Zebra bars initially refused to show up despite turning the menu option on – then we were told you have to assign zebra to a physical button and turn it on and off there. We did and the wretched things only stayed on screen for about five seconds each time before disappearing again. We do hope this is merely a configuration issue that we didn’t have time to sort and not that the zebras really do only stay briefly on screen each time you invoke them. There was barely enough time to move your hand back to the (laggy!) iris before they’d vanished.
Unusually for a pro cam this one has a proper stabilisation system, seemingly borrowed from Panny’s consumer models (and this is a good thing because it’s very decent on those). It’s a combination of optical and electronic systems which compensates for five axes of movement. Handheld – braced admittedly – on a full 13x zoom the shot was pretty steady except when any abnormal wobble caused the system to re-adjust what it thought you were filming and the image would judder a little. Running along the pavement in that awkward trying-to-move-smoothly-with-slightly-bend-legs gait and the camcorder held from above by the handle gave a reasonably fluid motion (though nothing beats Sony’s “BOSS” system that you find on their consumer handycams).
The question that we always get asked about camcorders is “what’s the low light footage like”? Alas, we weren’t able really to test this to any degree. We were shooting mostly outside in bright daylight.
After the demo films shown to us by Panasonic, some in the room said they’d seen noise in the shadows but it’s partly horses for courses – we at Tubeshooter are used to small chip handhelds mostly, notwithstanding extensive use of Sony’s PMW200, and to us the footage looked OK from where we were sitting – and partly viewing conditions that were far from ideal (being two consumer grade 4K TVs playing back off a Macbook with the audience at varying angles to the screen). Let’s not forget that test footage was shot in June on a very much pre-prod model of the camcorder too.
***UPDATE: Having said all the above, and having now watched our own test shots back repeatedly in the comfort of our edit suite, we can confirm that there really is quite a lot of noise in the shadows. Clearly it was us who was in the wrong viewing position for the demo! All the dark parts of the image were jiggling around quite unpleasantly. Shame. ****
Certainly the demo footage looked sharp (oversharpened according to one viewer) and on one of the reels there was hopeless loss of detail in the highlights – but then that particular film had been shot using V-Log L and subsequently given quite a hard grade which was clearly obvious compared to the little-graded Rec 709 footage of the prior sample. With a claimed 12 stops of dynamic range, we don’t think there should be anything to complain about especially – and this is crucial – when you remember the price point this is being pitched at: £3,500 (4,600 euro)! Anyone looking for Varicam standard is barking well up the wrong tree here.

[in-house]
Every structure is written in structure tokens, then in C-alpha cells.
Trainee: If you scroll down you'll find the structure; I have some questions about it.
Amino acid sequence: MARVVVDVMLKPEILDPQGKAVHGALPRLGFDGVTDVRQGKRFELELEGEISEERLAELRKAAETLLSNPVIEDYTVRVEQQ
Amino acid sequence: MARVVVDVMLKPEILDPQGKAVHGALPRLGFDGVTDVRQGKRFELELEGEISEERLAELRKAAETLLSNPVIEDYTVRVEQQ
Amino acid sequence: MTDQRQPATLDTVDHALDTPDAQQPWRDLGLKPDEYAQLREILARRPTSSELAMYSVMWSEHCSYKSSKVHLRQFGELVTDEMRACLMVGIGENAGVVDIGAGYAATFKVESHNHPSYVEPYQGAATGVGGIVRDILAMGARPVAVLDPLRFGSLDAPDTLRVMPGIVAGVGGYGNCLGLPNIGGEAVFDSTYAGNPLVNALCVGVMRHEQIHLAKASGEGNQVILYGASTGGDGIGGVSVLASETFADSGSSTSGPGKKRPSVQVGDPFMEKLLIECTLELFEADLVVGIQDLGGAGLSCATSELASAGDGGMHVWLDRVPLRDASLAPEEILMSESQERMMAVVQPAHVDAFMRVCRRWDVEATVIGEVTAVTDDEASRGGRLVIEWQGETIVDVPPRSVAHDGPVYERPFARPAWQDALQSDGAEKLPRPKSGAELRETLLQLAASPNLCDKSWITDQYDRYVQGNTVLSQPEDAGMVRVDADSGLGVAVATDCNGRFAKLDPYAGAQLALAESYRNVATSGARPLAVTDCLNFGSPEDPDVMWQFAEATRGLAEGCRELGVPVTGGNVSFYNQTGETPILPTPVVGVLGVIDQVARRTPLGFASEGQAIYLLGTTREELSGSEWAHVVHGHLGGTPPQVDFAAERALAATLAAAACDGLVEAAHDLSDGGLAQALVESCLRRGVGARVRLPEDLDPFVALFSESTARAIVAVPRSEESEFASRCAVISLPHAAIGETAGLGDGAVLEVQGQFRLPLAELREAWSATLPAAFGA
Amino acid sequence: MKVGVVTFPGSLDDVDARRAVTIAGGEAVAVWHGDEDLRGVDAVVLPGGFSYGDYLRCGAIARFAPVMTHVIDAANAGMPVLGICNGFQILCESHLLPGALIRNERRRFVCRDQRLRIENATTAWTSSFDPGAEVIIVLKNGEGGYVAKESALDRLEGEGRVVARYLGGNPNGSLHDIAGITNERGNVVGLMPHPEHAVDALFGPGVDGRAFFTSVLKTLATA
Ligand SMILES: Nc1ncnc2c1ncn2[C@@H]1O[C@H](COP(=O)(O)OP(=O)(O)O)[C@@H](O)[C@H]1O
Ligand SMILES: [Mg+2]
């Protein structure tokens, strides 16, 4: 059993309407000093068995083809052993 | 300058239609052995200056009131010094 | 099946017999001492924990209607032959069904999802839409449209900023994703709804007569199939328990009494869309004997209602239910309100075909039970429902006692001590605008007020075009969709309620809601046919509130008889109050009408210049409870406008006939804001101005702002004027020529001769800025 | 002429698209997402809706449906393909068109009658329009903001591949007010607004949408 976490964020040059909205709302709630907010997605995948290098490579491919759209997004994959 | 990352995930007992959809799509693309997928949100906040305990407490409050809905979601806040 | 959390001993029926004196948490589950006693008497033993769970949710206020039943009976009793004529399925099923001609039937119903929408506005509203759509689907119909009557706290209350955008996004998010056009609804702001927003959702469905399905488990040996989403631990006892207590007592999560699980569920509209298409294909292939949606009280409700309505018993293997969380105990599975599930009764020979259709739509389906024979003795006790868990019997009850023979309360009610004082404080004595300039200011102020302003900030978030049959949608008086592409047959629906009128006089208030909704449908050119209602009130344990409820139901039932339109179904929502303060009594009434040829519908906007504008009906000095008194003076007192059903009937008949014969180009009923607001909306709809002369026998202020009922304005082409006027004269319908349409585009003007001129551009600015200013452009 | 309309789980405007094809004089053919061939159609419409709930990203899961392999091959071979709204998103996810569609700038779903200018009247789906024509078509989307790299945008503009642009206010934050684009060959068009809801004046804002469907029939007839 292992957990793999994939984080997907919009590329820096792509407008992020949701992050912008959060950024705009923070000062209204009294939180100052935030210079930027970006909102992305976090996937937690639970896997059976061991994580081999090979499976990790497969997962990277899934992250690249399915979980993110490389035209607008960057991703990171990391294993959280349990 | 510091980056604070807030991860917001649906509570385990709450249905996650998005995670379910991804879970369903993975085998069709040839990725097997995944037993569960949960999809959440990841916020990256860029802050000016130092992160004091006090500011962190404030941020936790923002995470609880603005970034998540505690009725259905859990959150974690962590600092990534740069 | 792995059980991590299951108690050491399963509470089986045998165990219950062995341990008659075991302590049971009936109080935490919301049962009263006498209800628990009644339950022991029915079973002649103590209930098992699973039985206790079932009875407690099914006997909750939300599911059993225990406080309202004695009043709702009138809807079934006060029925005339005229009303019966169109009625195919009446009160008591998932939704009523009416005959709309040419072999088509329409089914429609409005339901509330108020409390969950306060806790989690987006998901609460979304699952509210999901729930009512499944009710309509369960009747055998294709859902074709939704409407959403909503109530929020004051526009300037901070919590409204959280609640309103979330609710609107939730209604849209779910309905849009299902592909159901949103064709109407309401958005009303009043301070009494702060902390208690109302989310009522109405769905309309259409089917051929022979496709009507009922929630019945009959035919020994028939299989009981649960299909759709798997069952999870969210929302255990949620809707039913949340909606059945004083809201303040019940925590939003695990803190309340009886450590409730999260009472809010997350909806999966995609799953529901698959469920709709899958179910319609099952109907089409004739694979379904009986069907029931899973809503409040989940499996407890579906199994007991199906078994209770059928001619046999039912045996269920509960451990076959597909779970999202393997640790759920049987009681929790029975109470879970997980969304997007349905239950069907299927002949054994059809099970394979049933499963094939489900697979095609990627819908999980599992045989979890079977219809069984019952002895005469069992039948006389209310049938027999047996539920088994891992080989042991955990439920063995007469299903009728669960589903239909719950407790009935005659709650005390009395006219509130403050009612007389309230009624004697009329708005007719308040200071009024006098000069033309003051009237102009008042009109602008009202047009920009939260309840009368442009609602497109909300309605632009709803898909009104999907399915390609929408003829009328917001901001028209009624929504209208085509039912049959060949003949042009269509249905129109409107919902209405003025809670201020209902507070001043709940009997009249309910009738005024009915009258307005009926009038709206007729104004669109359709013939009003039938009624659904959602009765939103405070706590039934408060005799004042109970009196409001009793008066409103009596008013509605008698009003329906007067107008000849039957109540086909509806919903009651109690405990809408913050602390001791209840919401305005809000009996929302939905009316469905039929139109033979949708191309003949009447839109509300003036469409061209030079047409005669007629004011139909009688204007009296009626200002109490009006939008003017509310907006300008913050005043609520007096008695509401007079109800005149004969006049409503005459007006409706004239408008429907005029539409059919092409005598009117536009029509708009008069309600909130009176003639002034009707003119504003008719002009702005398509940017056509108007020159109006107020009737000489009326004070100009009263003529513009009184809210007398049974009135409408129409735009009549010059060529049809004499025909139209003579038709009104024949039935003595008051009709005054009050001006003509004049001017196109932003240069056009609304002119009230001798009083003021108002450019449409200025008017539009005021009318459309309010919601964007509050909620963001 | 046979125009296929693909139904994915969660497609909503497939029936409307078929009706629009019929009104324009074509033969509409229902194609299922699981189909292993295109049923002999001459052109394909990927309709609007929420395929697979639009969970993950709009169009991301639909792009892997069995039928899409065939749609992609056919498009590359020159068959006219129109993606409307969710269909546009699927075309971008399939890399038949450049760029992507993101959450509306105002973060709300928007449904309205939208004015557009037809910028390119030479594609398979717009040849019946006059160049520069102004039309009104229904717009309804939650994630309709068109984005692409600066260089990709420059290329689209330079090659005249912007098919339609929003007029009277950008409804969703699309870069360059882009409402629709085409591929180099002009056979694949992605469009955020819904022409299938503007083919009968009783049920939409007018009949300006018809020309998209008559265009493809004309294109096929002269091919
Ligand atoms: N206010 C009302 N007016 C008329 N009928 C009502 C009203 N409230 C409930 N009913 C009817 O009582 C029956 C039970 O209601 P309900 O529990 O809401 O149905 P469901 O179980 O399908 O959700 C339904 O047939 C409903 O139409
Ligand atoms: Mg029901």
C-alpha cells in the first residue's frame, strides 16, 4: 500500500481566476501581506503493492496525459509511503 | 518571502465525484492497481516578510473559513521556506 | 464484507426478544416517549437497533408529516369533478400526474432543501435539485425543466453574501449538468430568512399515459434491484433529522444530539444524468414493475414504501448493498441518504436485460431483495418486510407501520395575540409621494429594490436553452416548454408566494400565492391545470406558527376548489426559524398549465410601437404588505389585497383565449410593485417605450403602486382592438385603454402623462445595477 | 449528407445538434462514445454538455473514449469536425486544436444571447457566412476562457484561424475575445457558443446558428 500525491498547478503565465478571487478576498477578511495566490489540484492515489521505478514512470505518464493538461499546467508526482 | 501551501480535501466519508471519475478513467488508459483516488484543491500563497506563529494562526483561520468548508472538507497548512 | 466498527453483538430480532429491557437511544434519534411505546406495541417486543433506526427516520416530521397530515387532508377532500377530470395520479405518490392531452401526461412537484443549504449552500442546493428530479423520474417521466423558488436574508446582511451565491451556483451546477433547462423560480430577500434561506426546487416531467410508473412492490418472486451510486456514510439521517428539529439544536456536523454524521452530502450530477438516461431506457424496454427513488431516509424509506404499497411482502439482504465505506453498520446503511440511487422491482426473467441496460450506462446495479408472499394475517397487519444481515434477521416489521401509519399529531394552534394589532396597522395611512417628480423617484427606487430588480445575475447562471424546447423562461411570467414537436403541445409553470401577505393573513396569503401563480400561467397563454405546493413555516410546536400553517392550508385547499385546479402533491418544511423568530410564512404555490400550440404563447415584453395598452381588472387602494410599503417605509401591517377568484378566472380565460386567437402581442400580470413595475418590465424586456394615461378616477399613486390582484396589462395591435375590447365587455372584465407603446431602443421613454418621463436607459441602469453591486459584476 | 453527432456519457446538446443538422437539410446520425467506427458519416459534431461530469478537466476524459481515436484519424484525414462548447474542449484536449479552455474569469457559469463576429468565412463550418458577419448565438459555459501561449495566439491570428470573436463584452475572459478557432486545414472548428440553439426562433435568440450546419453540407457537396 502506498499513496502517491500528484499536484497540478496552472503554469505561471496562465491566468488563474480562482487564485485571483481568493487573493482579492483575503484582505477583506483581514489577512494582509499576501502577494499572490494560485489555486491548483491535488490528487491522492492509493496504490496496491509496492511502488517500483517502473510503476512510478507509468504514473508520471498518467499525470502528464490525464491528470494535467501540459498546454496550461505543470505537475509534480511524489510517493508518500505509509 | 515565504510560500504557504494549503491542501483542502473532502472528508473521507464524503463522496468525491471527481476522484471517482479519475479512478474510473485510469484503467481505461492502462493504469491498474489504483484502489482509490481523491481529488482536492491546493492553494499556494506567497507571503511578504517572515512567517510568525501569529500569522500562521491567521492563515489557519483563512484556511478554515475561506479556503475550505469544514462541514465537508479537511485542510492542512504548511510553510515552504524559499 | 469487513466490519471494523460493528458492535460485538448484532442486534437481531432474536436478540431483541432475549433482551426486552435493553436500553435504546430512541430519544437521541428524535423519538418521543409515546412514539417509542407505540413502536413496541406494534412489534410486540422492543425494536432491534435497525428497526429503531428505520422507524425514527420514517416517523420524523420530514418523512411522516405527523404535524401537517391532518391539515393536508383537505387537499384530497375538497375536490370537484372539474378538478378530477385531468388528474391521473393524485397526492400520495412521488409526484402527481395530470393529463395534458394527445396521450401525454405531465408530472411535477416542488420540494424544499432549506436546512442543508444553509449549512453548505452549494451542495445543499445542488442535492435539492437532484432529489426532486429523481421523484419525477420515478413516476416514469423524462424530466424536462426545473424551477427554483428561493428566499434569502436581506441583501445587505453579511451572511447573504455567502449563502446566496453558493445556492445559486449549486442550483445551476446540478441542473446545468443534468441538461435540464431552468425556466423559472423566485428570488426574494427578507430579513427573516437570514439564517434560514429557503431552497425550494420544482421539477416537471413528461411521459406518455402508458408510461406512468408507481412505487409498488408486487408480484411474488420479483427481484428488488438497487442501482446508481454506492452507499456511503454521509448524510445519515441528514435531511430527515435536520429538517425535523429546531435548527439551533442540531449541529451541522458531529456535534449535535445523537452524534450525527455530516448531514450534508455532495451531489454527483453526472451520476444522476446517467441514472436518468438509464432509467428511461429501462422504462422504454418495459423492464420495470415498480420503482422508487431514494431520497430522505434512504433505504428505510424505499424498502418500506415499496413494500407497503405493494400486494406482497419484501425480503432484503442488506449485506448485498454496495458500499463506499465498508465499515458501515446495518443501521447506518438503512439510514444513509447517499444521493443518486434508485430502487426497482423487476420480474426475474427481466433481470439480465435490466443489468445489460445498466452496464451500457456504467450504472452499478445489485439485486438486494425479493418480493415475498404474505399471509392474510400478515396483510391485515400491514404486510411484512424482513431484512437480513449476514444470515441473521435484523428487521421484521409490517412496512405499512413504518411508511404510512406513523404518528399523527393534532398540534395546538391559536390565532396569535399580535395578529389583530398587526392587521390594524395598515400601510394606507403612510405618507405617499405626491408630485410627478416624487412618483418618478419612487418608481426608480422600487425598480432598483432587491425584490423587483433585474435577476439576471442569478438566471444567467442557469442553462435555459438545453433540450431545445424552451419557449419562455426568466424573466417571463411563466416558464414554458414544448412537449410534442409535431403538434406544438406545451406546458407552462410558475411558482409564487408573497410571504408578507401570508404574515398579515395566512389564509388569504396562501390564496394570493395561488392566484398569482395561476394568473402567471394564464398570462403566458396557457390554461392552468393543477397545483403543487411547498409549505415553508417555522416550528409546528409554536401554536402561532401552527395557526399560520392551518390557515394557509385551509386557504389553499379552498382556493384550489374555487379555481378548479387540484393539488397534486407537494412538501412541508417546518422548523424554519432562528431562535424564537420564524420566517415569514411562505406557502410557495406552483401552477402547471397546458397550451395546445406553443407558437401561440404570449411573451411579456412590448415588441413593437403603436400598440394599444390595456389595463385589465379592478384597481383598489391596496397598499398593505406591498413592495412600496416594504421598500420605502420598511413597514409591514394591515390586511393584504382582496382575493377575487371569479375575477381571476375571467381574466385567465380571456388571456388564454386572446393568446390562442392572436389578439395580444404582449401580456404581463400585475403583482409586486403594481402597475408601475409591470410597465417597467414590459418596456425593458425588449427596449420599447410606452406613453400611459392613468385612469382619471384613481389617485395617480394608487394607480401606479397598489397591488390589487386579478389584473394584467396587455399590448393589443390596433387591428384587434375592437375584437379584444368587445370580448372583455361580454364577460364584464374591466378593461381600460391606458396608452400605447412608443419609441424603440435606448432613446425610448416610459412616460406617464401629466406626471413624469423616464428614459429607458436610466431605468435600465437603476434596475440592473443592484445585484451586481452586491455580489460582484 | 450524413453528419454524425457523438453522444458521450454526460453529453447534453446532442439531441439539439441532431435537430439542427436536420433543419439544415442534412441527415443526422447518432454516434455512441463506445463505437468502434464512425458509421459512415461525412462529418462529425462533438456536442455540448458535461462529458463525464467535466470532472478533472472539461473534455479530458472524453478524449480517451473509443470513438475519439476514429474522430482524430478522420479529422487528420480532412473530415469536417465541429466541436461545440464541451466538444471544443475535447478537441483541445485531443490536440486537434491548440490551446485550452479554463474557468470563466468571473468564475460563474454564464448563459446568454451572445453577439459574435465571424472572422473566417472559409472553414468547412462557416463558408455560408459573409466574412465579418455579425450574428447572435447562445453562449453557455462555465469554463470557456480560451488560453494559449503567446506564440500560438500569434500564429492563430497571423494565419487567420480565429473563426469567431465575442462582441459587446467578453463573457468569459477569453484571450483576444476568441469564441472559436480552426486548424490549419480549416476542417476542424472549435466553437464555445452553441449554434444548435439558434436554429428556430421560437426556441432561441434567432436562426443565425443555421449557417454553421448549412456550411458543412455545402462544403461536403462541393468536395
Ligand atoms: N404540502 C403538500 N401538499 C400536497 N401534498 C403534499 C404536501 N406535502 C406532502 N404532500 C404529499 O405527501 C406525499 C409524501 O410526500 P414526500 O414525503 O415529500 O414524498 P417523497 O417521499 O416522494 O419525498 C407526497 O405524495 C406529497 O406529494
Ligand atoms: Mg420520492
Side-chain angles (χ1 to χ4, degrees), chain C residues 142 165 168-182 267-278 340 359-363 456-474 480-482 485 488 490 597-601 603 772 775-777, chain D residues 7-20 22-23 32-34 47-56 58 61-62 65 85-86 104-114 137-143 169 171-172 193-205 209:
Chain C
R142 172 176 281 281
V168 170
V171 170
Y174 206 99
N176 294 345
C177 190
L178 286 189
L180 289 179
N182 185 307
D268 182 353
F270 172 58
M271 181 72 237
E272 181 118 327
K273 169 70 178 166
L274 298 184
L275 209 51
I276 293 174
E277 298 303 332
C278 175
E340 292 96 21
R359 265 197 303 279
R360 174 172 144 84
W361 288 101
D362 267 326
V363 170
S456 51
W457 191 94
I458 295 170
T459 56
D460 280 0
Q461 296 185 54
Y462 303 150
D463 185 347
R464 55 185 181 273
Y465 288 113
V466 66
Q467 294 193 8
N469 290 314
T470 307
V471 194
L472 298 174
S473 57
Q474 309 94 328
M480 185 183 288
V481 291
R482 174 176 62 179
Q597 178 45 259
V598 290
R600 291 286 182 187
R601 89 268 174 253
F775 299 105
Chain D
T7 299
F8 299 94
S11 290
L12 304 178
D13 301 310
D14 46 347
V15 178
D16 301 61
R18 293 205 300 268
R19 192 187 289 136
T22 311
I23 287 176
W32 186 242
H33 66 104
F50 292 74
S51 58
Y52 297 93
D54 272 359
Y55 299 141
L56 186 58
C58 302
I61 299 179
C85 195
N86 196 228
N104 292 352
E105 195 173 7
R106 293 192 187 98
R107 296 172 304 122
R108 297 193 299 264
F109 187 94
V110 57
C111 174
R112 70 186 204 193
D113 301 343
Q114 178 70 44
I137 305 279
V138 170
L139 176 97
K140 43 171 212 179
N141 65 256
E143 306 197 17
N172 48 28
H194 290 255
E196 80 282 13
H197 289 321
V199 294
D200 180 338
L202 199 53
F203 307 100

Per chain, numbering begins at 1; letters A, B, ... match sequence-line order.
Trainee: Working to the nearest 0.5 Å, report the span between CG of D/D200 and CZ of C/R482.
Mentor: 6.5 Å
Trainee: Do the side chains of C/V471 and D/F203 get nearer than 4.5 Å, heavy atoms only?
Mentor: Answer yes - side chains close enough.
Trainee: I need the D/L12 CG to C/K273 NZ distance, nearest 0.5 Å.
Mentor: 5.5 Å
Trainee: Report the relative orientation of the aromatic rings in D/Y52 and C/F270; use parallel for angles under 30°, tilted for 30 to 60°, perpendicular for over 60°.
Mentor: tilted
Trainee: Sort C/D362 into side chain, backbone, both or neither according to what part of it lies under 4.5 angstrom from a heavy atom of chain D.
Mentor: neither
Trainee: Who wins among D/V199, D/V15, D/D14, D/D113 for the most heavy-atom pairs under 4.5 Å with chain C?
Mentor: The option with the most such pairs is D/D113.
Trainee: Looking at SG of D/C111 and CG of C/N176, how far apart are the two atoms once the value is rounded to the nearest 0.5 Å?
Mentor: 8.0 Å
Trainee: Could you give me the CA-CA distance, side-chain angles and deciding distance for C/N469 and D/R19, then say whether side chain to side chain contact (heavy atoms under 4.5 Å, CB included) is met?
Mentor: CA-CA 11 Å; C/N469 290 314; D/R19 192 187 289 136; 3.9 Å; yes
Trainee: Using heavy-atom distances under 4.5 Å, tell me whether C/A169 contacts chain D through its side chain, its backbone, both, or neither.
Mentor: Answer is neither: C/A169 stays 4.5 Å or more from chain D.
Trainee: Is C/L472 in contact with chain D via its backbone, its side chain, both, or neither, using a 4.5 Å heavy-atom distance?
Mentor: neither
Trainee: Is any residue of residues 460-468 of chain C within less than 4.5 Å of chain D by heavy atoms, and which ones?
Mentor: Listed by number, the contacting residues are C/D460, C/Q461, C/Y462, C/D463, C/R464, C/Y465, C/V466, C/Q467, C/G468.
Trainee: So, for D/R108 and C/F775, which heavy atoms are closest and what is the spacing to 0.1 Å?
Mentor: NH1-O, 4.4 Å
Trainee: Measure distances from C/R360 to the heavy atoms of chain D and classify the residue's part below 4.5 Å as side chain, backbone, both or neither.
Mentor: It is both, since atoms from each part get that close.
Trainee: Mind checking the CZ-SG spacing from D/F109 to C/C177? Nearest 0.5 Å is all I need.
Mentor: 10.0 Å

For the price, the features are phenomenal and the picture quality so far as we could tell in this briefest of looks was excellent (in good light). We don’t mean “for the price” detrimentally either, it’s just something you must bear in mind when starting to peep at the pixels with a cinematic eye.
Who’s it for though? It’s a low cost handheld 4K cam with a fixed lens. So, sounds like future news-gathering or corporate event unit perhaps? Well maybe. But it can do true 4K (4096 wide!) at 24p with V-Log profile and that smells of documentaries or low budget film making perhaps. Pressed on who this is for, Panasonic gave us a nice but bland PR answer which didn’t really nail down the markets except to say they claimed a huge number of pre-orders, and that one major broadcaster was intending to use the DVX200 as a complement to their Varicams for a documentary series.
Ultimately perhaps, that’s the answer as Panasonic did acknowledge on one of their early slides to us. This is a run and gun, pick-up-and-shoot camcorder that’s there to complement other more dedicated tools. If you’ve a GH4, use that with all its interchangeable lens functionality when you’ve got the time to set up and compose a shot that’s not going to move much. If you’re using Varicams for your high end work, then the DVX is a quick-and-dirty (sorry Panasonic!) tool to get additional shots. All should match up in the edit due to the common V-Log profile.
For anyone else, this camcorder offers flexibility; by shooting “4K” (OK, UHD at 3840×2160) at a full 50p you’ve got the scope to acquire material at the best possible resolution for archive and future use not to mention cropping into it for a pseudo multi-angle HD shot out of a single camera.
We’re going to reserve judgement until we get that review unit. In the meantime, kudos to Panasonic for bringing it out. There are clearly some things about the DVX200 that annoy us (Iris delay! Auto VF toggle!) but it does show a lot of promise. For the price.
(Incidentally we did stick a card in the machine and take some very quick shots so we’ll post these here soon. Stand by)